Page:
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Is geophysical technology for farmers or just fun for technologists?

John Watson

Chairman, Pivot Limited.
PO Box 400
Strathfieldsaye Vic 3551

Australian farmer’s terms of trade have been steadily declining for more than fifty years, and the number of farming business has declined at about the same rate. Amid speculation that soon there will be no farmers left in Australia to feed and clothe the population, agriculture is booming.

Farmers at the top end of productivity are enjoying excellent cash returns, growing their businesses at a rapid rate and seeing their wealth expand. Surely in an environment such as this, claims that farming is finished at an enterprise level, are exaggerated.

There are however many farming businesses that are not making sustainable economic returns and it is these ones that seem to grab most public, therefore political attention.

The significant difference between the two types of operation can almost always be identified by the management systems and management culture in place.

Members of Group One seize on every opportunity to improve the performance of their business. They know they operate in a very rapidly changing and competitive environment. They know that they cannot really change the operating environment for their business, so get on with what they can change.

Members of Group Two typically argue issues of “lifestyle” and bemoan the changes taking place in the world. They don’t believe they should have to compete and therefore spend their time on the argument rather than getting on with their lives. Unfortunately many industry leaders and politicians rush around looking for the attractive answer for Group Two. The answer they are looking for does not exist.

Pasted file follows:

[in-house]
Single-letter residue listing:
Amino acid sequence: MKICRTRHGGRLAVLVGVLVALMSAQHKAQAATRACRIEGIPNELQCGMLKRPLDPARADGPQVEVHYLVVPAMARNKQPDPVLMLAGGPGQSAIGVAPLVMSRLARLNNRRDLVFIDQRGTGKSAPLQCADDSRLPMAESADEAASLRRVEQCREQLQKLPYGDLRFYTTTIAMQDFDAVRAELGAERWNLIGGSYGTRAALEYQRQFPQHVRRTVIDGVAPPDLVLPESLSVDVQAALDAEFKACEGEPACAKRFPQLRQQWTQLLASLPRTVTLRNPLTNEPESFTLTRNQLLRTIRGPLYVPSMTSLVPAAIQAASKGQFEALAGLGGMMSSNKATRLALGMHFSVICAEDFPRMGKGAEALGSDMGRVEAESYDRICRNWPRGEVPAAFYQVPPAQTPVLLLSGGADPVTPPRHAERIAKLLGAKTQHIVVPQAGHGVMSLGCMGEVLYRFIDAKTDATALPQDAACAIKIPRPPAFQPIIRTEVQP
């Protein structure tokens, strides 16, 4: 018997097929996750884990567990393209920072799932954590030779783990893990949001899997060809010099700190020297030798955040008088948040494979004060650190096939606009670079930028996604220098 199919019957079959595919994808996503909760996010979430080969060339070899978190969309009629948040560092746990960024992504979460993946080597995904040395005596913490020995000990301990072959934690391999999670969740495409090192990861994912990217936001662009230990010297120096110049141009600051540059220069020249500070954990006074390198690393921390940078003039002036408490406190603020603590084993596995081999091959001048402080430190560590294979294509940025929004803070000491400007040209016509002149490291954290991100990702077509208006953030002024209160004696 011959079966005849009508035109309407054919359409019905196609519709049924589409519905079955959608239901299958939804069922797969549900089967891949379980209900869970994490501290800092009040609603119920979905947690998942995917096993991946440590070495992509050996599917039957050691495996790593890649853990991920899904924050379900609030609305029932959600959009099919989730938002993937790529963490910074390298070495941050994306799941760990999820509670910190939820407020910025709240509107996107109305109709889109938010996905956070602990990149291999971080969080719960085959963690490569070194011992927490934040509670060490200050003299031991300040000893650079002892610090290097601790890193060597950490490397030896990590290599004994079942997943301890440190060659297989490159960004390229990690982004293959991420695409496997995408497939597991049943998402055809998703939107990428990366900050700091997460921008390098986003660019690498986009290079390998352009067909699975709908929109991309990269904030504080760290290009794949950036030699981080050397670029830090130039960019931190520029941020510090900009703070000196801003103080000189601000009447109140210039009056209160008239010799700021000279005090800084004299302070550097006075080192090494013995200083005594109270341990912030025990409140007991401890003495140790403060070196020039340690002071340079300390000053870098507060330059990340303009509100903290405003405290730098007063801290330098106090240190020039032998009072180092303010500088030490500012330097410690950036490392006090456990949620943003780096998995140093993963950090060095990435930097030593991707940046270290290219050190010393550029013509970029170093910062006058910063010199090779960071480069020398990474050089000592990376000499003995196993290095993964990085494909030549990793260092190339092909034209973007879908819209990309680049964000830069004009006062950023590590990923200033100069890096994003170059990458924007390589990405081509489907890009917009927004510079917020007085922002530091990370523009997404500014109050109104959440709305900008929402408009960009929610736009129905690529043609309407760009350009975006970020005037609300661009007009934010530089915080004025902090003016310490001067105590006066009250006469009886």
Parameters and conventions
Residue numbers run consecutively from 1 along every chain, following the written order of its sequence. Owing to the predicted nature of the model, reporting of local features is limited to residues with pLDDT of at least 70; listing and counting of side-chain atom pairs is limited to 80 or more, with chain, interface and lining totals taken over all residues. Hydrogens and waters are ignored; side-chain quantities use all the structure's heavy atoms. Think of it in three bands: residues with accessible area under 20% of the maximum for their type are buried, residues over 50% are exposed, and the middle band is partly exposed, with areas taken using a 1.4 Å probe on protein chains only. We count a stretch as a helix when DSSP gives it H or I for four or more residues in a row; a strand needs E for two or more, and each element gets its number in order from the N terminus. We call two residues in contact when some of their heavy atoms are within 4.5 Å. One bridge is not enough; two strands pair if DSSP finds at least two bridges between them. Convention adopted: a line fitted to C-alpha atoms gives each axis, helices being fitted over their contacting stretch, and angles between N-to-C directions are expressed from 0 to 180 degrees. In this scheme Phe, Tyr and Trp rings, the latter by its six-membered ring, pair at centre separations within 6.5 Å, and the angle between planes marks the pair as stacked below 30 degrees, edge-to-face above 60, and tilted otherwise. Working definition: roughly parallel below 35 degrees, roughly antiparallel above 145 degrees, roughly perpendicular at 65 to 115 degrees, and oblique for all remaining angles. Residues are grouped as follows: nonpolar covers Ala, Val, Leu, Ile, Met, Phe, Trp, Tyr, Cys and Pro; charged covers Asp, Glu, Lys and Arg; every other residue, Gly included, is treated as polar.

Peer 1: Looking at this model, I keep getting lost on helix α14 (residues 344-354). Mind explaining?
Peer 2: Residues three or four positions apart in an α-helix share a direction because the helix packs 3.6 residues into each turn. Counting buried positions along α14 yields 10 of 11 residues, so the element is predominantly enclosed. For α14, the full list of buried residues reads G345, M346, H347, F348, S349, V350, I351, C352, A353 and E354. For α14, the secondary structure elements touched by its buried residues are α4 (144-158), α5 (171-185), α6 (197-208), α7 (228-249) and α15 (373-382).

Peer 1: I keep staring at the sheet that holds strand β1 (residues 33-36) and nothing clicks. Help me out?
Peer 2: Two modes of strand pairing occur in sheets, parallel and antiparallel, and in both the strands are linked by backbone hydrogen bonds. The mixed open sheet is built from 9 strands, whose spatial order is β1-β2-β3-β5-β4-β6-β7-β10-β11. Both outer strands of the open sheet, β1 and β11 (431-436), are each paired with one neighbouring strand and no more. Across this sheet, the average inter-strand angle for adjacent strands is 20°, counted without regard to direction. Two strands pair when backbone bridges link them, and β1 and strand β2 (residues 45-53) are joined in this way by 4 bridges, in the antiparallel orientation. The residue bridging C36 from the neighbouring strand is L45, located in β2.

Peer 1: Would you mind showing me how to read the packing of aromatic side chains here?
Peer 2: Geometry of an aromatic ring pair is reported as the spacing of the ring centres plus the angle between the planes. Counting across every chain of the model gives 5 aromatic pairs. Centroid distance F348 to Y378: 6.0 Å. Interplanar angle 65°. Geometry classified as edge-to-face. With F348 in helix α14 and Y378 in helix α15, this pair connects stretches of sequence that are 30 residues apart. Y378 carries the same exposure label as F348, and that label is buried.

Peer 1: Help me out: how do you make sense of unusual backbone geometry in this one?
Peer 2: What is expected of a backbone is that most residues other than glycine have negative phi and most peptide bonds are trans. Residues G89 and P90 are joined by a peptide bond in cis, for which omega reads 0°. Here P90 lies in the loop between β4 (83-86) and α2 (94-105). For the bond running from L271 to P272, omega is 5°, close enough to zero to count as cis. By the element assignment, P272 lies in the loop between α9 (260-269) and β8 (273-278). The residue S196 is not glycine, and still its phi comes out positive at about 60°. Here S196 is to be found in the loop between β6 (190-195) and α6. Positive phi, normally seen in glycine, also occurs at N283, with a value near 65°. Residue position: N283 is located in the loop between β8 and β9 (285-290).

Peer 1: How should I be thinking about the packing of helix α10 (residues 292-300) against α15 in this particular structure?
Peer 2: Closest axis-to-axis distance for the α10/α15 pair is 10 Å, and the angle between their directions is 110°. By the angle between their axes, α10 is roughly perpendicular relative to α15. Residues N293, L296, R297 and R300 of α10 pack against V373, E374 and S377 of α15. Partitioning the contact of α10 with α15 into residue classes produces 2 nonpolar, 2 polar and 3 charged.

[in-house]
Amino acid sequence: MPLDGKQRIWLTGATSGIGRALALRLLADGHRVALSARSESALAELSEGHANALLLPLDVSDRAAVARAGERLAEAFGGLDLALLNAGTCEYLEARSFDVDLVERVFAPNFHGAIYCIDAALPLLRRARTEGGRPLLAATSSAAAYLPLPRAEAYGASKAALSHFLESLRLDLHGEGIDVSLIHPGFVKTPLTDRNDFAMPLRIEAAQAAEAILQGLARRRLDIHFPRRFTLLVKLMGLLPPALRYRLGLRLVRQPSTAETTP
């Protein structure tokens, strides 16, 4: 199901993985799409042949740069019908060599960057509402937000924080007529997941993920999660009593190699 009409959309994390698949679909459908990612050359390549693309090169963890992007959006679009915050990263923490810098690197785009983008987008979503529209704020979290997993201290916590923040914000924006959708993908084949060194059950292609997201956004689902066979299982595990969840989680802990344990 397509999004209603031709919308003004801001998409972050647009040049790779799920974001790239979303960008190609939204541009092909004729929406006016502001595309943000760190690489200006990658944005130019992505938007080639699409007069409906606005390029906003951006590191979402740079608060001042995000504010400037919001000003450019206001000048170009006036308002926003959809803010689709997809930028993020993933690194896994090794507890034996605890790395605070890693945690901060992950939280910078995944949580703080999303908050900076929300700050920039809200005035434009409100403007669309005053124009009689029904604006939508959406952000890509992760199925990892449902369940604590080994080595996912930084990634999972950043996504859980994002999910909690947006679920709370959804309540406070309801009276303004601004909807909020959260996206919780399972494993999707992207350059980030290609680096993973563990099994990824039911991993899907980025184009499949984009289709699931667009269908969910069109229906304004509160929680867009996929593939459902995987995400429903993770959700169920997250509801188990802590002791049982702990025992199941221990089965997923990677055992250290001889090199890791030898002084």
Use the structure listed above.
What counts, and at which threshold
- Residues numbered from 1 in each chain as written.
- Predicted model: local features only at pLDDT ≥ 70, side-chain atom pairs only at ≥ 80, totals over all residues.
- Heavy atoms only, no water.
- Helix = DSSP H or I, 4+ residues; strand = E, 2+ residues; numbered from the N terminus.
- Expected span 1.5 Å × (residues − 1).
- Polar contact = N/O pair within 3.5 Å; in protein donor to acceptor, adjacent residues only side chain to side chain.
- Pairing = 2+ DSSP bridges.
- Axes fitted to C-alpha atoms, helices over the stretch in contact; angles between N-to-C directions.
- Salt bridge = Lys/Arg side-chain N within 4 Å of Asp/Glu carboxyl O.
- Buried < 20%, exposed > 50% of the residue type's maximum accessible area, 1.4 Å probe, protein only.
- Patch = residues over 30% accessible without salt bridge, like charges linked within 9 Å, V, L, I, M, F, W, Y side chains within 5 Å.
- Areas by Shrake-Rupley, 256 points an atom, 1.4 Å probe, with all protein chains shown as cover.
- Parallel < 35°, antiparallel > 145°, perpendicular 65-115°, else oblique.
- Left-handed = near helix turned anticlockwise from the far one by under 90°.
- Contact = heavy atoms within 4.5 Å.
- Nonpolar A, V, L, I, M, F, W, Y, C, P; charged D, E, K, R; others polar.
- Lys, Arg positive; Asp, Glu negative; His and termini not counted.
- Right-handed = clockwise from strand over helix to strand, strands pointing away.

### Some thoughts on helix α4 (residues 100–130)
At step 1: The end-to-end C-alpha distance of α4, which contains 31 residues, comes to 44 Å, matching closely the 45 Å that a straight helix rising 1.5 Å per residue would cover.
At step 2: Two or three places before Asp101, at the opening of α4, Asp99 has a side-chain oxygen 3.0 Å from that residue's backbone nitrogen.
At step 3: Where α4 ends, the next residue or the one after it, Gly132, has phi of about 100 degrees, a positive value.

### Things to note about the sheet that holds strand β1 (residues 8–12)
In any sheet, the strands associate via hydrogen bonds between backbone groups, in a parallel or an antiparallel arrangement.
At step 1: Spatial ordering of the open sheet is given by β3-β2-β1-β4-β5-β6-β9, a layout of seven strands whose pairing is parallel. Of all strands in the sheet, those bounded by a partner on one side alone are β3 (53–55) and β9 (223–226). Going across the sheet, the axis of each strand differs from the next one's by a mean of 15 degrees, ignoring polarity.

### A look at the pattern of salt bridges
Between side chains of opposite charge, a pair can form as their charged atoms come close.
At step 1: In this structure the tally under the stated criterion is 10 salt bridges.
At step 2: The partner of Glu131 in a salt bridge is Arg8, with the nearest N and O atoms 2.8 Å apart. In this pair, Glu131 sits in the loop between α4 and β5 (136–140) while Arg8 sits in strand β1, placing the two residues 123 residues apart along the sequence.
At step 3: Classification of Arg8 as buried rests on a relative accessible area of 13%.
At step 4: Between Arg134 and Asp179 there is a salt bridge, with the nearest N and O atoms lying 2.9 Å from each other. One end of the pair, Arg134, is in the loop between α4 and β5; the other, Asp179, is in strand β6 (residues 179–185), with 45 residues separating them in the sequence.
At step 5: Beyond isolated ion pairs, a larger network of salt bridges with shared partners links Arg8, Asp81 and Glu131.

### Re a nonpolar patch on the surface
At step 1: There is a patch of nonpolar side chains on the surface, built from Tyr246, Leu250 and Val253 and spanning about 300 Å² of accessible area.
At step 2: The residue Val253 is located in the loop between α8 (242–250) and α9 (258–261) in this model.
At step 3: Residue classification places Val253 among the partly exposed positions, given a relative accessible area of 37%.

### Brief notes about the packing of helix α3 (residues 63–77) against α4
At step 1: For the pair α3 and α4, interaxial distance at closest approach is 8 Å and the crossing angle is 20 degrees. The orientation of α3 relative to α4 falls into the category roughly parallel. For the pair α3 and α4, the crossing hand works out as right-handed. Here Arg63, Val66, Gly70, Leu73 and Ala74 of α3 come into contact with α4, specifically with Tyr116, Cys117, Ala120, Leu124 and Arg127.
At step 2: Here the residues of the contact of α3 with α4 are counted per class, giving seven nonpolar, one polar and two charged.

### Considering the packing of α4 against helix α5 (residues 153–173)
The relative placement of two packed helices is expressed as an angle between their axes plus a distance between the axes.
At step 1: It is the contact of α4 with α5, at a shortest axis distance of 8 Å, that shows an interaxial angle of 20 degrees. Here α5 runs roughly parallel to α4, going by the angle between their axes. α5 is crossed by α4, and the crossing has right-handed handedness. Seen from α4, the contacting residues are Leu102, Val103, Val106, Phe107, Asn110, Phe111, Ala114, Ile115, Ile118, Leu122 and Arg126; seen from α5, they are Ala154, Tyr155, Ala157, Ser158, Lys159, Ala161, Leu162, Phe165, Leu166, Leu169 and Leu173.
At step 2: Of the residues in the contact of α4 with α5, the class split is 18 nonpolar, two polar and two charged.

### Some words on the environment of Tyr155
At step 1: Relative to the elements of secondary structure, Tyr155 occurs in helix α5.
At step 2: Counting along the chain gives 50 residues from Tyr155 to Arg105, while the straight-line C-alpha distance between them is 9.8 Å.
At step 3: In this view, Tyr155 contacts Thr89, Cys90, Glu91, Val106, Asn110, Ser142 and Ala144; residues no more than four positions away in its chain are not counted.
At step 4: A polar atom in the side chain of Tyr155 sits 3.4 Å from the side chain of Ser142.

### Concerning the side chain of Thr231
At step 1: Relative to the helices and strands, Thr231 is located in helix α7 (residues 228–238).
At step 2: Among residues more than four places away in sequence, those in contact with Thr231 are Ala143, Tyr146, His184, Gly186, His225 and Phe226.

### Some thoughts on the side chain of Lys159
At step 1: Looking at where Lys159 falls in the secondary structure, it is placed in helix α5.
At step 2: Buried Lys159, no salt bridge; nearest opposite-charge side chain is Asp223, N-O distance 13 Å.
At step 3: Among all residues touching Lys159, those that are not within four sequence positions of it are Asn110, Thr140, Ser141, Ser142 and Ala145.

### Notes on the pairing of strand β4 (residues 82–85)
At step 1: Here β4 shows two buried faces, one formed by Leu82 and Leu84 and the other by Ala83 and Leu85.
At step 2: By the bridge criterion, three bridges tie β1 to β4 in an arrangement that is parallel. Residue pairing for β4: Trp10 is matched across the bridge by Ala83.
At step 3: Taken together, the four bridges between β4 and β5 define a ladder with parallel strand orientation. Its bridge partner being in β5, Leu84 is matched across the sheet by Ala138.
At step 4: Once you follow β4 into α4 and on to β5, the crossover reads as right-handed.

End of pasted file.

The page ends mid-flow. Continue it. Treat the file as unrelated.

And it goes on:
Australian Agriculture has a brilliant prospective future if collectively we understand the dynamics of world political, social and technological change and get on with progress.

Precision Farming, or whatever you choose to call the development and implementation of technologies to enhance the productive capacity of inputs used in farming, can provide part of the answer. The technologies need to be relevant, commercially attractive and well placed in the marketplace. They also need to provide environmental benefits to ensure the right to farm is not compromised.

Farmers need the collective wisdom and enterprise of those who seek to provide new answers to production challenges. Pivot Limited is owned by some 43,000 Australian farmers and is just one organisation attempting to provide high technology tools to assist farmers reach their productivity goals. For our business to thrive we need profitable and ecologically sustainable customers.

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